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properly the griffon vulture or great vulture, so called from its tearing its prey with its beak), referred to for its swiftness of flight (Deuteronomy 28:49; 2 Samuel 1:23), its mounting high in the air (Job 39:27), its strength (Psalm 103:5), its setting its nest in high places (Jeremiah 49:16), and its power of vision (Job 39:27-30)
This “ravenous bird” is a symbol of those nations whom God employs and sends forth to do a work of destruction, sweeping away whatever is decaying and putrescent (Matthew 24:28; Isaiah 46:11; Ezek. 39:4; Deuteronomy 28:49; Jeremiah 4:13; 48:40).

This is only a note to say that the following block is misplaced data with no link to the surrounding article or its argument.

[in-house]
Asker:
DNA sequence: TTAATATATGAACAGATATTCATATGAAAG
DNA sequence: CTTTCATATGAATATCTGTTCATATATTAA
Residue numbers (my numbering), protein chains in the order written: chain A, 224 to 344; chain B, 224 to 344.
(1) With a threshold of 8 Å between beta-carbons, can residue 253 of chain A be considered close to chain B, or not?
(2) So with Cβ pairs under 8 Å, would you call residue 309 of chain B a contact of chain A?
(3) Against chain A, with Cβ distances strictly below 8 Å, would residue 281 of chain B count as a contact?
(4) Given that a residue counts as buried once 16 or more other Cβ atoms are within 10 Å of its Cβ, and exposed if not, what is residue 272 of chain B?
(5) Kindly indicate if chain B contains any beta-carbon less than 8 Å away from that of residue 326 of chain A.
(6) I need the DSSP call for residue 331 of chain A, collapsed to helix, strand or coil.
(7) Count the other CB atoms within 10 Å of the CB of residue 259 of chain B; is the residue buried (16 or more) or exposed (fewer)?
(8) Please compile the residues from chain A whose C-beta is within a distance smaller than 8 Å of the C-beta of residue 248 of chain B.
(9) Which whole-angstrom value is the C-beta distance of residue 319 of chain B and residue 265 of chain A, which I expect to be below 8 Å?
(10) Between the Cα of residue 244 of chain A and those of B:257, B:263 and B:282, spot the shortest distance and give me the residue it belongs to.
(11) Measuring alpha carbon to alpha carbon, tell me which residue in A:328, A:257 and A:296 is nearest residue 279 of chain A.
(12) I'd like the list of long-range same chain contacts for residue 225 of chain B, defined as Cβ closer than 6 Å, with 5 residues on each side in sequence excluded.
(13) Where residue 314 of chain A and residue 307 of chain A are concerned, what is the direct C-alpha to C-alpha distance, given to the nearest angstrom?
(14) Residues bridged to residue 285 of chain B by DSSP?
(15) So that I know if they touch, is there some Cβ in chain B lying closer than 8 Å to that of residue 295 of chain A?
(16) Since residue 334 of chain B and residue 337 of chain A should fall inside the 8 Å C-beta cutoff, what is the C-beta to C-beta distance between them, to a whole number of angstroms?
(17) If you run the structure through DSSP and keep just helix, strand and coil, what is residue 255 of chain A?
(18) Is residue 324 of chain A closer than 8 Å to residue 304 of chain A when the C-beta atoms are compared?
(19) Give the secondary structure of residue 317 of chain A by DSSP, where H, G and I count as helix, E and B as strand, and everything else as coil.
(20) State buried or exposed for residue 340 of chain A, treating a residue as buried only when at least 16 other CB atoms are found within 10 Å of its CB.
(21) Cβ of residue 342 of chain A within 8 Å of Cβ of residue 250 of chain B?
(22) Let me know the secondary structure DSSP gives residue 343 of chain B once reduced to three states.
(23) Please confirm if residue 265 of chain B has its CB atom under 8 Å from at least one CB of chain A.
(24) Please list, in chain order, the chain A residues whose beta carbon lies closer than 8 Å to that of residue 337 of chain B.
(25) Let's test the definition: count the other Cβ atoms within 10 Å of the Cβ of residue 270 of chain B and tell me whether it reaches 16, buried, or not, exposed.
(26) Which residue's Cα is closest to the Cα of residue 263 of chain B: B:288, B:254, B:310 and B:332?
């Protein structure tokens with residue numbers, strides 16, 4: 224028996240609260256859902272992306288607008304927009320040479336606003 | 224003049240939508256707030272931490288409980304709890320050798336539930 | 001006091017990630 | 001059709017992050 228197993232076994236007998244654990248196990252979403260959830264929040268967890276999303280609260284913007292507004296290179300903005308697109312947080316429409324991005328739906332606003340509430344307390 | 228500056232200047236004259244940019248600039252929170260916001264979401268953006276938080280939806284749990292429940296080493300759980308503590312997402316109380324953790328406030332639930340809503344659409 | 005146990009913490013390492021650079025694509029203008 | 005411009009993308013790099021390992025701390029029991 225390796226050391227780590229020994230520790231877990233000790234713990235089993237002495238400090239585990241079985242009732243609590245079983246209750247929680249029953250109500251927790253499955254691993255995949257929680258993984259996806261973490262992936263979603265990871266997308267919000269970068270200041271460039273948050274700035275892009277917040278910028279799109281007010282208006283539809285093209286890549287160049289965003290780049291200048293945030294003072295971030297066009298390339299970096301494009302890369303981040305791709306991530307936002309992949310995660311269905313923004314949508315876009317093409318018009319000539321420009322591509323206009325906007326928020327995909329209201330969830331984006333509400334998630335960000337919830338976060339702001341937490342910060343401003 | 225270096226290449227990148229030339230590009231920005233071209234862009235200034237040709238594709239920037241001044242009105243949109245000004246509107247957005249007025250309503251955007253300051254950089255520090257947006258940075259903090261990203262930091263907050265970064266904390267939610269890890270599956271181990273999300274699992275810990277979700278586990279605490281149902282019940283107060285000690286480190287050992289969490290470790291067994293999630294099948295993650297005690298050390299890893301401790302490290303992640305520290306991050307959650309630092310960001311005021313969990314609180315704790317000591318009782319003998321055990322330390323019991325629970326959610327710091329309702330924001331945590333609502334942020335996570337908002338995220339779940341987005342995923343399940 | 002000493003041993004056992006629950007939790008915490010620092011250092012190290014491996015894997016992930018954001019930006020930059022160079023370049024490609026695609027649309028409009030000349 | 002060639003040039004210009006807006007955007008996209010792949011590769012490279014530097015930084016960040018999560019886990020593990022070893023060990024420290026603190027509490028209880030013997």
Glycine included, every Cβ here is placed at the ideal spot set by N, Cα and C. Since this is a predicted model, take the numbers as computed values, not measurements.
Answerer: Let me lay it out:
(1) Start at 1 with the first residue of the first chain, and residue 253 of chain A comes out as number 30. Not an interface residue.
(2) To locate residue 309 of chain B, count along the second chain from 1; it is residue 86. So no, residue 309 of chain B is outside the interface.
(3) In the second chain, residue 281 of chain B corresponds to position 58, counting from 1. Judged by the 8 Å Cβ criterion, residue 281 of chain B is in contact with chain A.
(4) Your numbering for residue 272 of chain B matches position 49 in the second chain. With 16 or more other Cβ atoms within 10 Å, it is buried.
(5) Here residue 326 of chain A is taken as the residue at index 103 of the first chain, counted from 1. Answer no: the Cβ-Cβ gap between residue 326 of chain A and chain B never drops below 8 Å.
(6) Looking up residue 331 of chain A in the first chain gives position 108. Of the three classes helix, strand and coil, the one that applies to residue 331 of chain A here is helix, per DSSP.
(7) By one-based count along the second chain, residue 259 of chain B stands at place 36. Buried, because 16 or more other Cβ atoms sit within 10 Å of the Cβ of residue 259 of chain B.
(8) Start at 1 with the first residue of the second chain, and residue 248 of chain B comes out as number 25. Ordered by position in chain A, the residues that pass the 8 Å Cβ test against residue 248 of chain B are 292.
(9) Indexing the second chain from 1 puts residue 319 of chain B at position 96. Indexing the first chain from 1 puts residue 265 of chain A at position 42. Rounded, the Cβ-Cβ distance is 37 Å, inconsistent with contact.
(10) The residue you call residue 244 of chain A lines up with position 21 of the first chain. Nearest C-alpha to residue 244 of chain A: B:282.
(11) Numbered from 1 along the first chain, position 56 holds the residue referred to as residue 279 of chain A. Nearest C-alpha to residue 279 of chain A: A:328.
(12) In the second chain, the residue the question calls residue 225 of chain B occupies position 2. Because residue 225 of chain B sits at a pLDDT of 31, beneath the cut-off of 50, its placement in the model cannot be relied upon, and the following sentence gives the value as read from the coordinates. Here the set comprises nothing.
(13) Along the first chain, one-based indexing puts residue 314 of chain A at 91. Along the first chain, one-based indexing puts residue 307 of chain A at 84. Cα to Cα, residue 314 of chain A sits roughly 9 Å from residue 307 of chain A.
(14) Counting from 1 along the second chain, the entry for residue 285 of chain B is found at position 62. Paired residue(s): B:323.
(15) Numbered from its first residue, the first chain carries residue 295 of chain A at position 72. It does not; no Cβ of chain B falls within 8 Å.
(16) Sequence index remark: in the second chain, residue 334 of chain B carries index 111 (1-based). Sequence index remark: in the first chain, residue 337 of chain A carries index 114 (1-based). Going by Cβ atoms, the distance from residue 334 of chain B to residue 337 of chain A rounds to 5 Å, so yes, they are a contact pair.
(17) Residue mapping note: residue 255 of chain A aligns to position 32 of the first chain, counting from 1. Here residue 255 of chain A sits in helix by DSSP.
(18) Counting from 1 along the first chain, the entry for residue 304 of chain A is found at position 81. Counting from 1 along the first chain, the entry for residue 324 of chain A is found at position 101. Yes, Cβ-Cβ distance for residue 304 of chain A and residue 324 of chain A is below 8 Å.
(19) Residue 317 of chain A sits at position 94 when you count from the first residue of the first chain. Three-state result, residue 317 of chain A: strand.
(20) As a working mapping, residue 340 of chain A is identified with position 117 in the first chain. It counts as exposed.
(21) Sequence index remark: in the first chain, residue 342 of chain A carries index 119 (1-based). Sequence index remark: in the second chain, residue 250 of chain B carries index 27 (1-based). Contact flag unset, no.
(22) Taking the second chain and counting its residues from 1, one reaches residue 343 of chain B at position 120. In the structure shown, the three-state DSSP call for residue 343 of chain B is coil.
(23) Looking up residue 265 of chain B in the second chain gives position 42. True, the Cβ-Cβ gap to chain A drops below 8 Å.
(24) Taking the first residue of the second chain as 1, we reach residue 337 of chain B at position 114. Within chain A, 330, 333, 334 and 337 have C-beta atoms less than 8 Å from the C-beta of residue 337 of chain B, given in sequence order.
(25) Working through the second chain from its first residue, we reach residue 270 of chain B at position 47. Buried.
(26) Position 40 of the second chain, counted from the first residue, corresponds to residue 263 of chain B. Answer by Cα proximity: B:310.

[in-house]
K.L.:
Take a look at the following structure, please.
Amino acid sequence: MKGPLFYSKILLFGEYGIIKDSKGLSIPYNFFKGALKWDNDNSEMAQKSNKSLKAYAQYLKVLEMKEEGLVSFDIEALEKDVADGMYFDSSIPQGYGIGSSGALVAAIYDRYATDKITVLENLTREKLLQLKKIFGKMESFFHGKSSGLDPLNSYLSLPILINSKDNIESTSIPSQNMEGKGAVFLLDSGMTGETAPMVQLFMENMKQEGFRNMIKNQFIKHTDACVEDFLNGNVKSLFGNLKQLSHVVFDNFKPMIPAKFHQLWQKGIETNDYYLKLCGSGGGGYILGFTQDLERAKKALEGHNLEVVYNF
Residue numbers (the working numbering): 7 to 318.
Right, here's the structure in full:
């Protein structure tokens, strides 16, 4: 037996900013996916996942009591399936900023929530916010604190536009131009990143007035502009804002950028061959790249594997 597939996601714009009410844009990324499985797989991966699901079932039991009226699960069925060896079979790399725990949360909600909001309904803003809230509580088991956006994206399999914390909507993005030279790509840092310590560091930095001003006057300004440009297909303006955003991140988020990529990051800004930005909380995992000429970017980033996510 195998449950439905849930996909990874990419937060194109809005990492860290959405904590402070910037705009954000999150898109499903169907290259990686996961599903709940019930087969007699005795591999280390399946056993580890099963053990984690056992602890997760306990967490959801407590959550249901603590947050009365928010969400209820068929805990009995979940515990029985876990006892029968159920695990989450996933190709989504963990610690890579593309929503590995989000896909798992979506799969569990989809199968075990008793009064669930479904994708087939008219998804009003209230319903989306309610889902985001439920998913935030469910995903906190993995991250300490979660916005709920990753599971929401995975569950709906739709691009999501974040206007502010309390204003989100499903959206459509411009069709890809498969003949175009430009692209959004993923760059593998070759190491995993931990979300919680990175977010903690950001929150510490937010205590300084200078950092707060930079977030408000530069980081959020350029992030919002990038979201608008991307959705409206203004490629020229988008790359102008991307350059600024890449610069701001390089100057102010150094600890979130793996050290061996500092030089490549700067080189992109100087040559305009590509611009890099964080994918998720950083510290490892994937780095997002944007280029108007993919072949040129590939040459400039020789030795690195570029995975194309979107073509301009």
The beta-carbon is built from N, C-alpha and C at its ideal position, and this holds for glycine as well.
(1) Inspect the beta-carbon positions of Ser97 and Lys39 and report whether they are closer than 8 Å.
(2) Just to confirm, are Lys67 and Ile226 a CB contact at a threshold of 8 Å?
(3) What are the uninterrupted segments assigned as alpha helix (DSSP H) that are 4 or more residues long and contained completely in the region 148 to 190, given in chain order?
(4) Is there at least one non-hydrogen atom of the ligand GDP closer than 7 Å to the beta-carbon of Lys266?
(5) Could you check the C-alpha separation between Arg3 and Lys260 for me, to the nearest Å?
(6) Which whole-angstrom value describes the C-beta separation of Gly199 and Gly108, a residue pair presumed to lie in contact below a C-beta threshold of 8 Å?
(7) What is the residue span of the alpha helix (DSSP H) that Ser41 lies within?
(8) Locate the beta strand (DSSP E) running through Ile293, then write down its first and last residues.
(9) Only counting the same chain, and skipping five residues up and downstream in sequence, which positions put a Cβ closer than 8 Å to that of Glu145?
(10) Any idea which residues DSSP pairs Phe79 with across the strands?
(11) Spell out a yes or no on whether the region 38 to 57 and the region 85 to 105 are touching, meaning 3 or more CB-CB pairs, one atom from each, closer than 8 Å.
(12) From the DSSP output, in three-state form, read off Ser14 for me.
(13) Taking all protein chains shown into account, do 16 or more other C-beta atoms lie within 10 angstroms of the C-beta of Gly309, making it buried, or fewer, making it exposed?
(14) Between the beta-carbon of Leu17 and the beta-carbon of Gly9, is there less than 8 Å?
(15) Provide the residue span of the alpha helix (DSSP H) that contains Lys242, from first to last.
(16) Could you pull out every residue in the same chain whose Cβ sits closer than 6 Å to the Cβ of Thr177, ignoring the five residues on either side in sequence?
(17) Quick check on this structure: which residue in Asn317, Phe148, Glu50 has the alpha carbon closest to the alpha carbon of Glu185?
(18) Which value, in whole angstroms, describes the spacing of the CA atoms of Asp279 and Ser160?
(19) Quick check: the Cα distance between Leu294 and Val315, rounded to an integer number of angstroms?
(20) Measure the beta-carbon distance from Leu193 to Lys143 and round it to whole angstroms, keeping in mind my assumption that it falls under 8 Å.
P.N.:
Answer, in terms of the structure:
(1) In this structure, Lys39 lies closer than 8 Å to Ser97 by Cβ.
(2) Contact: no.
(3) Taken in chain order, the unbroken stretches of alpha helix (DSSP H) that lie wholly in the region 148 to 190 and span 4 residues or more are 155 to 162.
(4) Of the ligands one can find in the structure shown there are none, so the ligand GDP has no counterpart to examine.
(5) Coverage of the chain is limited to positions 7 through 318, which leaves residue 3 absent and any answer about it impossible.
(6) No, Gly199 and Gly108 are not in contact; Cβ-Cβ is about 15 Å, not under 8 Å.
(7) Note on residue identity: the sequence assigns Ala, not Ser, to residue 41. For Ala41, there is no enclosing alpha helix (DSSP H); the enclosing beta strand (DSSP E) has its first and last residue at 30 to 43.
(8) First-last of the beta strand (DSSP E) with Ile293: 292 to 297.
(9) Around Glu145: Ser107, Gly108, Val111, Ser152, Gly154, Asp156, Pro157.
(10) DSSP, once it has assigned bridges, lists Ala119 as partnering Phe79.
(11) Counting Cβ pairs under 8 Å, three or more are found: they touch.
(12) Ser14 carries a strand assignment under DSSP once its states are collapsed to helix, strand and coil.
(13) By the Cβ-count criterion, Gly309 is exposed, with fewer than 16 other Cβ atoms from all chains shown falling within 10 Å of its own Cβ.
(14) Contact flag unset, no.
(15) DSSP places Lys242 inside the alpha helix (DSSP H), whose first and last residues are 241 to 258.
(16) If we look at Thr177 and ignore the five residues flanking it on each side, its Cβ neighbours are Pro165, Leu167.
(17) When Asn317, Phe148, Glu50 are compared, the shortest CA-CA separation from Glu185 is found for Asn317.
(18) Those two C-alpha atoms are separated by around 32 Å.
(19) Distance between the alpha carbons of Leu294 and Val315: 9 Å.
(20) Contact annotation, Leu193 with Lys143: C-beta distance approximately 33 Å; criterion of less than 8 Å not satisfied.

It is said that the eagle sheds his feathers in the beginning of spring, and with fresh plumage assumes the appearance of youth. To this, allusion is made in Psalm 103:5 and Isaiah 40:31. God’s care over his people is likened to that of the eagle in training its young to fly (Exodus 19:4; Deuteronomy 32:11-12). An interesting illustration is thus recorded by Sir Humphry Davy:
There have been observed in Israel four distinct species of eagles, (1) the golden eagle (Aquila chrysaetos); (2) the spotted eagle (Aquila naevia); (3) the common species, the imperial eagle (Aquila heliaca); and (4) the Circaetos gallicus, which preys on reptiles. The eagle was unclean by the Levitical law (Leviticus 11:13; Deuteronomy 14:12).